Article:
Since it went public in 2008, payment processing giant Visa (NYSE:V) has delivered returns that have been nothing short of extraordinary. The stock's price has risen by 1,280% in the roughly 12 years since going public, and including dividends the total return jumps to 1,400%. It's fair to say that Visa has made some millionaires out of its early shareholders.

Although the performance so far has been incredible, there's a strong case to be made that Visa could still be a smart growth investment to own for the next 12 years -- and beyond.

Man raising fists in excitement as money rains down around him

Image source: Getty Images.

What has fueled Visa's amazing returns?

To make a long story short, Visa has been a huge beneficiary of the trend toward cashless payments, also known as the "war on cash." Just take a look at how Visa's business has grown over its time as a publicly traded company:

Metric

2007 Fiscal Year

2019 Fiscal Year

Payment volume

$2.27 trillion

$8.78 trillion

Revenue

$5.19 billion

$23.0 billion

Processed transactions

32.7 billion

138.3 billion

Total cards

1.46 billion

3.40 billion

Data source: Visa earnings releases.

Let that sink in for a second. There are nearly 2 billion more Visa-branded debit and credit cards in existence than there were 12 years ago. Payment volume through Visa's network has nearly quadrupled and revenue has grown by 343%. That's why Visa's stock has performed so well.

The shift toward a cashless society has accelerated in the past decade or so. Technological innovations from fintech companies like Square (NYSE: SQ) have made credit card acceptance much more common among businesses large and small. Meanwhile, cash has become less convenient to obtain and use in many situations.

Is it too late to get in on Visa?

While the COVID-19 pandemic has clearly not been kind to most stocks -- especially those that rely on the ability and willingness to spend money, like Visa -- the company's growth story could still be in its middle innings.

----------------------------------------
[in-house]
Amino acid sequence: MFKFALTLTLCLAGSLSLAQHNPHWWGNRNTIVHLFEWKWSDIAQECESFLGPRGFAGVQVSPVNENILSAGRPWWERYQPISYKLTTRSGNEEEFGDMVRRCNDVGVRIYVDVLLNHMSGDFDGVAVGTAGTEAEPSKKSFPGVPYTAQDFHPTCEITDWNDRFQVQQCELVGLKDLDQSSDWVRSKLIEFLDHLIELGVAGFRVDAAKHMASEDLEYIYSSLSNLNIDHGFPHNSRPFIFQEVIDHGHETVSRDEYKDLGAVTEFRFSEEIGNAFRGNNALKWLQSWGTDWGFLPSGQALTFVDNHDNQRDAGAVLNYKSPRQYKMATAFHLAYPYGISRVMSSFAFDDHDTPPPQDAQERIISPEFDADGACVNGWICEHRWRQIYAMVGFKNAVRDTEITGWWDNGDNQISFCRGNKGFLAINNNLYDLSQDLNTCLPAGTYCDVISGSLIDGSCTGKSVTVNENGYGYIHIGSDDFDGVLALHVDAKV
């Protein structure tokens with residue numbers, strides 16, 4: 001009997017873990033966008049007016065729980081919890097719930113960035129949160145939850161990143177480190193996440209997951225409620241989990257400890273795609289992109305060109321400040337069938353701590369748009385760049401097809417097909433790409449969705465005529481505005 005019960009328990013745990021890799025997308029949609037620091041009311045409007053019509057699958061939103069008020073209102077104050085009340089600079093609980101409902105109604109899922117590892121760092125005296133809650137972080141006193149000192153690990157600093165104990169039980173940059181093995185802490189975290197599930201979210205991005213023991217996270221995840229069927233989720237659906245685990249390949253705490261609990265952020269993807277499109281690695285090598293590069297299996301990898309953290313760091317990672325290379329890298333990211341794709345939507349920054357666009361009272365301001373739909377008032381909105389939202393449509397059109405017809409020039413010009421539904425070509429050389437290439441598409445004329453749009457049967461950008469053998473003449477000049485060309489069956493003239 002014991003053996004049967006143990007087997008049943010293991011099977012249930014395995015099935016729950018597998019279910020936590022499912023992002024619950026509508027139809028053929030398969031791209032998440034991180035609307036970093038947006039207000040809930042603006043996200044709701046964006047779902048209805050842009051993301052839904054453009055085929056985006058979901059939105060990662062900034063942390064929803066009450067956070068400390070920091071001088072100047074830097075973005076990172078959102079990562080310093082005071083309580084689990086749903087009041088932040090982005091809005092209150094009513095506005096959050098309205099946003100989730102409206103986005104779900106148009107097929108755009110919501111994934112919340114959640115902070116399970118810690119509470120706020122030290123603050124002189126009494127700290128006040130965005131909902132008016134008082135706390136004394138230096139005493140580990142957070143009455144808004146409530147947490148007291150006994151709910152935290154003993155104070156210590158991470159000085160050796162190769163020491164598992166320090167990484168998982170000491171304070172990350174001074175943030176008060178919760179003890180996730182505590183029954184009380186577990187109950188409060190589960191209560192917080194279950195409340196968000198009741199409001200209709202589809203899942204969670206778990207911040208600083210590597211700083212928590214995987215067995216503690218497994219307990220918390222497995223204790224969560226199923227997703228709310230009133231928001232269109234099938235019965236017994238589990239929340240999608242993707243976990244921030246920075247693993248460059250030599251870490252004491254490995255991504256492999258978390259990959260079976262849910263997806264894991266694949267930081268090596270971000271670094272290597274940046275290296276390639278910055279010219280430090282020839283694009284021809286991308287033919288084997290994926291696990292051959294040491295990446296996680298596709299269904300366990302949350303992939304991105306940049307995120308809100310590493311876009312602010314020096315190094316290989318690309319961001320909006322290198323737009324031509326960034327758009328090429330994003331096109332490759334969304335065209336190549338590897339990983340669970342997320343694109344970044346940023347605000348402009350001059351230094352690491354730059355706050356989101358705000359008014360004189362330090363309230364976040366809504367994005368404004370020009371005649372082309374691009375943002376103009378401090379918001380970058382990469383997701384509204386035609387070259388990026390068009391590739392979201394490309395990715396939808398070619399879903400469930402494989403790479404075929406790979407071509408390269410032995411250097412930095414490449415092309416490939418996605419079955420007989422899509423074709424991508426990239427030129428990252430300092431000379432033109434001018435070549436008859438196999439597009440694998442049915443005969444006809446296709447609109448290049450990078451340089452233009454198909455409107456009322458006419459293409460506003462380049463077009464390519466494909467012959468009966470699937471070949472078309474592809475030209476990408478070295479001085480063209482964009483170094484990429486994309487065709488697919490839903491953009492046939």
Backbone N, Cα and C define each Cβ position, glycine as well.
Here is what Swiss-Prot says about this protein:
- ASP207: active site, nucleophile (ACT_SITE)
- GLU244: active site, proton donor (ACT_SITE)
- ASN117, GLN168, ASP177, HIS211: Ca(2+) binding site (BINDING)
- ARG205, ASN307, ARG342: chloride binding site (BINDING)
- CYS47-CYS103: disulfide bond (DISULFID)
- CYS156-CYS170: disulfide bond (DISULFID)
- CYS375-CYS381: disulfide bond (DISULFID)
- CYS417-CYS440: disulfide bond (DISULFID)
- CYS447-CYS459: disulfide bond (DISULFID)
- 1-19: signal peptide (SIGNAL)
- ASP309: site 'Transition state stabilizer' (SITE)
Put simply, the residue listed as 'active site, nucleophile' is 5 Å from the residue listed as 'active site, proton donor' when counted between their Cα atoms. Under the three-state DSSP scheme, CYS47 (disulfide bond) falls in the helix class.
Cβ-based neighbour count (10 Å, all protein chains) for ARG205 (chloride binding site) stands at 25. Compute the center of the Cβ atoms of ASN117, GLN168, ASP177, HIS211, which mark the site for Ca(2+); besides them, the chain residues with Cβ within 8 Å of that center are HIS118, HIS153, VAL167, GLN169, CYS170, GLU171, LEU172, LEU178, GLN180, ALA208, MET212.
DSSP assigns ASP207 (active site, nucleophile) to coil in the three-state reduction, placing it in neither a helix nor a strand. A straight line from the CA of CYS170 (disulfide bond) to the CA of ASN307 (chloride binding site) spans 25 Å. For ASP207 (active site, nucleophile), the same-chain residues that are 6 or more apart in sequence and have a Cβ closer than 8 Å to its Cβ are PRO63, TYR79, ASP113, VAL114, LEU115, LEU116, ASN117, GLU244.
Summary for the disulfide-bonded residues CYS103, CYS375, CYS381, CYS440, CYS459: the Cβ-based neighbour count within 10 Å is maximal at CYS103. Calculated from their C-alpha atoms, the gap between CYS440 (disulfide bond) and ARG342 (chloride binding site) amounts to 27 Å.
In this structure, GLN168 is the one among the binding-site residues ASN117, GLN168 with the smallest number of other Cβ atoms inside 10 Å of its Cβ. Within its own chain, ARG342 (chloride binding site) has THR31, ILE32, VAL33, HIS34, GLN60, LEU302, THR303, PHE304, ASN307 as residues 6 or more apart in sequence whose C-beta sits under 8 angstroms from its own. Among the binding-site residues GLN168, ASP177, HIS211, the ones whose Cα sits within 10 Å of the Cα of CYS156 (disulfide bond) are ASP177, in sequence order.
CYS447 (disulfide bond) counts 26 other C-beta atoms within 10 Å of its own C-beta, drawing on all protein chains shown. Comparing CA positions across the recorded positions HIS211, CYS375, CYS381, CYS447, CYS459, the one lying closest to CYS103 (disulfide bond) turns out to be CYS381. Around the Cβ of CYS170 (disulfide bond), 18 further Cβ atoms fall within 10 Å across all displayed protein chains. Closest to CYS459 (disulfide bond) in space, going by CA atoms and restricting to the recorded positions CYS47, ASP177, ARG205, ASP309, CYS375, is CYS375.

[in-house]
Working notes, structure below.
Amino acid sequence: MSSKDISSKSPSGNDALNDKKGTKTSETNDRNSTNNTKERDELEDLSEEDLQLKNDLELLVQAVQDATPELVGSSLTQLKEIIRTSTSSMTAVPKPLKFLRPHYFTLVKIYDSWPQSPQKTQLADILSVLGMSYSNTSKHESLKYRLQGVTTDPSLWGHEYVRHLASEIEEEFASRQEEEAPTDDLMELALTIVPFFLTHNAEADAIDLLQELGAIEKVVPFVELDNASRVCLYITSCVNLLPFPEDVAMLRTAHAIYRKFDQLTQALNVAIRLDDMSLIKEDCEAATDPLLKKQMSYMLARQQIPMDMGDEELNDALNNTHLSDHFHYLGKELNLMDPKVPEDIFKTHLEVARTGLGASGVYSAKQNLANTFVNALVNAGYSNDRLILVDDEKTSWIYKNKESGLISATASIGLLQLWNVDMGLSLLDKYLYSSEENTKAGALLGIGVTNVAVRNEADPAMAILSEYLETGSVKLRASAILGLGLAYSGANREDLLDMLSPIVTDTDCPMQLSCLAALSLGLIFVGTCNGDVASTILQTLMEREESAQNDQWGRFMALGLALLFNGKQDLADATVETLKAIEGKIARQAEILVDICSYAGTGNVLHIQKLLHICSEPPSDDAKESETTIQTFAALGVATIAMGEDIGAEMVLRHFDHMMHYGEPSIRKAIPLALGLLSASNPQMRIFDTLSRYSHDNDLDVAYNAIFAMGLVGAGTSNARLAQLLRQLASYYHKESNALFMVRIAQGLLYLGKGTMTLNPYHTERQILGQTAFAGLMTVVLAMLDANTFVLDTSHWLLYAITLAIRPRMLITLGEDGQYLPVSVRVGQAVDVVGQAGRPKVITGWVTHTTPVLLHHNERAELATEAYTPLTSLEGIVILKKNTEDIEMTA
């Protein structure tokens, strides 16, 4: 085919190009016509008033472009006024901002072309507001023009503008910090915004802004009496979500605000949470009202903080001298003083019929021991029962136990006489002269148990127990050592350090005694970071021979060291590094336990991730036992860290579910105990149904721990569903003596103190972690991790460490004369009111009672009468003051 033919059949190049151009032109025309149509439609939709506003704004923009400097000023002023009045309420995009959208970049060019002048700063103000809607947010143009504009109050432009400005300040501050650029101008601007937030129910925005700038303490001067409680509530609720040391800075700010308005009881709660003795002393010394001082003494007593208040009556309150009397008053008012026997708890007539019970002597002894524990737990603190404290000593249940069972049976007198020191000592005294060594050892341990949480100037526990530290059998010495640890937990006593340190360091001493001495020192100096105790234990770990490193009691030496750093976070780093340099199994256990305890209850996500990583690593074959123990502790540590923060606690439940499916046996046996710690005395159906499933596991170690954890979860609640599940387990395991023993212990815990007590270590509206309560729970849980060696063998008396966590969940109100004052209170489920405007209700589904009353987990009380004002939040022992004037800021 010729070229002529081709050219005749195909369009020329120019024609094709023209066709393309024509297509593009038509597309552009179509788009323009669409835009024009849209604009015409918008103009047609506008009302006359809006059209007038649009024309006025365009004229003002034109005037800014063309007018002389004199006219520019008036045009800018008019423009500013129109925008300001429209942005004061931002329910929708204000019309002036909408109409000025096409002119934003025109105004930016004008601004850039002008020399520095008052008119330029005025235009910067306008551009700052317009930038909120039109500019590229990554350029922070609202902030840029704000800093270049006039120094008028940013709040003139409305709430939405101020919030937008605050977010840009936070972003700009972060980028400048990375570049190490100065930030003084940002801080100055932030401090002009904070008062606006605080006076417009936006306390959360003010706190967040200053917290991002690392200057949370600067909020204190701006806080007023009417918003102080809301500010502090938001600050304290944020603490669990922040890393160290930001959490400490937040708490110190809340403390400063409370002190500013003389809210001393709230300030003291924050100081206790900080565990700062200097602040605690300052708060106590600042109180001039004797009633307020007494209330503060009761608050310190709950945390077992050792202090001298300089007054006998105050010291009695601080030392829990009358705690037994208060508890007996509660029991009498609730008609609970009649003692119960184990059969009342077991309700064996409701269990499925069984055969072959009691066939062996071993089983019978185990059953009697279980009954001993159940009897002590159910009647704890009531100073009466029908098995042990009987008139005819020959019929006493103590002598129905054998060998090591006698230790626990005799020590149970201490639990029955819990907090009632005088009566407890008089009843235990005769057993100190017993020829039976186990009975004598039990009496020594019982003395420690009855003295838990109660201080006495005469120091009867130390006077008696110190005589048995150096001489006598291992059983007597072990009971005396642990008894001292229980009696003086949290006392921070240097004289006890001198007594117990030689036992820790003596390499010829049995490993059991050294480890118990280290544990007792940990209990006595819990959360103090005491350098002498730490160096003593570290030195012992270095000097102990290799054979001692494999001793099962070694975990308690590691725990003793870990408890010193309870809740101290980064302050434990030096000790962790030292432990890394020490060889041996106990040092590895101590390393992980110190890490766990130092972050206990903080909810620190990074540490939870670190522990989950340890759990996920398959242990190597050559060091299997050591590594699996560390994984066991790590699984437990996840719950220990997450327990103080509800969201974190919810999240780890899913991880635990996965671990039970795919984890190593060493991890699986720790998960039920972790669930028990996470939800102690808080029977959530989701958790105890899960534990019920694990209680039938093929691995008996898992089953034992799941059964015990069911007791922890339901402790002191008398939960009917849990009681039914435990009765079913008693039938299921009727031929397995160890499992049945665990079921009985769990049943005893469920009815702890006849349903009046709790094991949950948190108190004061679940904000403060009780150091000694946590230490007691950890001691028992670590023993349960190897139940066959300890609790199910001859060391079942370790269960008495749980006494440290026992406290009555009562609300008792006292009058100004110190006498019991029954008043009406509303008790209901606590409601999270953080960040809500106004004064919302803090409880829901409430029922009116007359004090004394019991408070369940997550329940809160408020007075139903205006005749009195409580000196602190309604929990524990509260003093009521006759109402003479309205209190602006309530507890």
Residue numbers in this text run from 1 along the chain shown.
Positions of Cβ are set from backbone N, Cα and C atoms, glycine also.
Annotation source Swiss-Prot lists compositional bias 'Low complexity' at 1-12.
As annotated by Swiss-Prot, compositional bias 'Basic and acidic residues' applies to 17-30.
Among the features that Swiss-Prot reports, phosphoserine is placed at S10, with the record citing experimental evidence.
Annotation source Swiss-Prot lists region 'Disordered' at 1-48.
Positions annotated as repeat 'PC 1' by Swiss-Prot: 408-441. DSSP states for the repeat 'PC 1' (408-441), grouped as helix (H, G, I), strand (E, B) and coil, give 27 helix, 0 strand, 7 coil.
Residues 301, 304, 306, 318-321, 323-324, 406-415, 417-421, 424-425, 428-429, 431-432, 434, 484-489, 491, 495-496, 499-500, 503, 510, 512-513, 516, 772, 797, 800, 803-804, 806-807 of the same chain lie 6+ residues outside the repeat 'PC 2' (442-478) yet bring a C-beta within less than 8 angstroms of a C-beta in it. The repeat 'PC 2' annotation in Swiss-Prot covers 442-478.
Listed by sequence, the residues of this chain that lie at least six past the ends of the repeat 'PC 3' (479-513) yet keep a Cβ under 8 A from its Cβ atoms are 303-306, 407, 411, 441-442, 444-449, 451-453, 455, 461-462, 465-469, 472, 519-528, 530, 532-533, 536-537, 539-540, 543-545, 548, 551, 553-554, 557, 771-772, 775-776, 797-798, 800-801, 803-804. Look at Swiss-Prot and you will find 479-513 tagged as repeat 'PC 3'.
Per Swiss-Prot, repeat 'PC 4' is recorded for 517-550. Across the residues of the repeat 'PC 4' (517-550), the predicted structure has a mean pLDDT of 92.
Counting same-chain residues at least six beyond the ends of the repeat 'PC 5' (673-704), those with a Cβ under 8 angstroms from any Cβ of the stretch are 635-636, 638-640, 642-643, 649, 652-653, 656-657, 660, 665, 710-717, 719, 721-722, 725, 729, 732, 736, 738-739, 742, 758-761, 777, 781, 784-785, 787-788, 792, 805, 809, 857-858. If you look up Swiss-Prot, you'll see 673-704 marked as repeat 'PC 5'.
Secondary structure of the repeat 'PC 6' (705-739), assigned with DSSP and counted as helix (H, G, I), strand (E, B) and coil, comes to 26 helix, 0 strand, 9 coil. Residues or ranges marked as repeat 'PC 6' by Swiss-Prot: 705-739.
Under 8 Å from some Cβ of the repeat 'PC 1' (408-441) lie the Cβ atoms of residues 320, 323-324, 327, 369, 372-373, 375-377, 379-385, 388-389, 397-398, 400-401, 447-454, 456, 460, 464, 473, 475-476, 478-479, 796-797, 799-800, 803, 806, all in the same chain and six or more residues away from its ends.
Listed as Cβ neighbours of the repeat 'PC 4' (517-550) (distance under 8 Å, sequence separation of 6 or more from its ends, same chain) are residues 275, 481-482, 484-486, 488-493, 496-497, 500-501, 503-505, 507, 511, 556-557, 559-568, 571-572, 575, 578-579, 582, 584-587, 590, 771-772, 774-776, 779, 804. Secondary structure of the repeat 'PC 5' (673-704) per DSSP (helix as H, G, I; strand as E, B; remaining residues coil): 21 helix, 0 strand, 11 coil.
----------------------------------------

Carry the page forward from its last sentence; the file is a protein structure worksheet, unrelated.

There's still plenty of cash usage taking place, particularly in international markets. It has been estimated that as many as 80% of payment transactions worldwide still take place in cash. We tend to think of credit card acceptance as a near-universal thing (and in the United States, it largely is), but that's simply not the case around the world. In fact, Visa is in the early stages of developing its presence in some of the most populated areas of the world.

Plus, Visa is currently focused on the credit and debit card portions of the payments industry, but there are several other parts -- particularly person-to-person payments -- that it could leverage its massive network on.

Don't expect a 10-bagger, but that doesn't mean it's too late

It's true Visa isn't likely to replicate the performance of its first 12 years as a public company over its next 12. It's simply getting too big -- another 10-bagger return would make Visa a $4.2 trillion company.

Having said that, don't make the mistake of thinking you're too late to put your money to work in Visa. The company estimates the worldwide payments market at $185 trillion in size, and Visa's current annualized (pre-pandemic) payment volume translates into less than 5% of this amount. So, while it isn't realistic to expect Visa to replicate its massive gains of the past, there's no reason the company can't continue to produce market-beating results for years to come.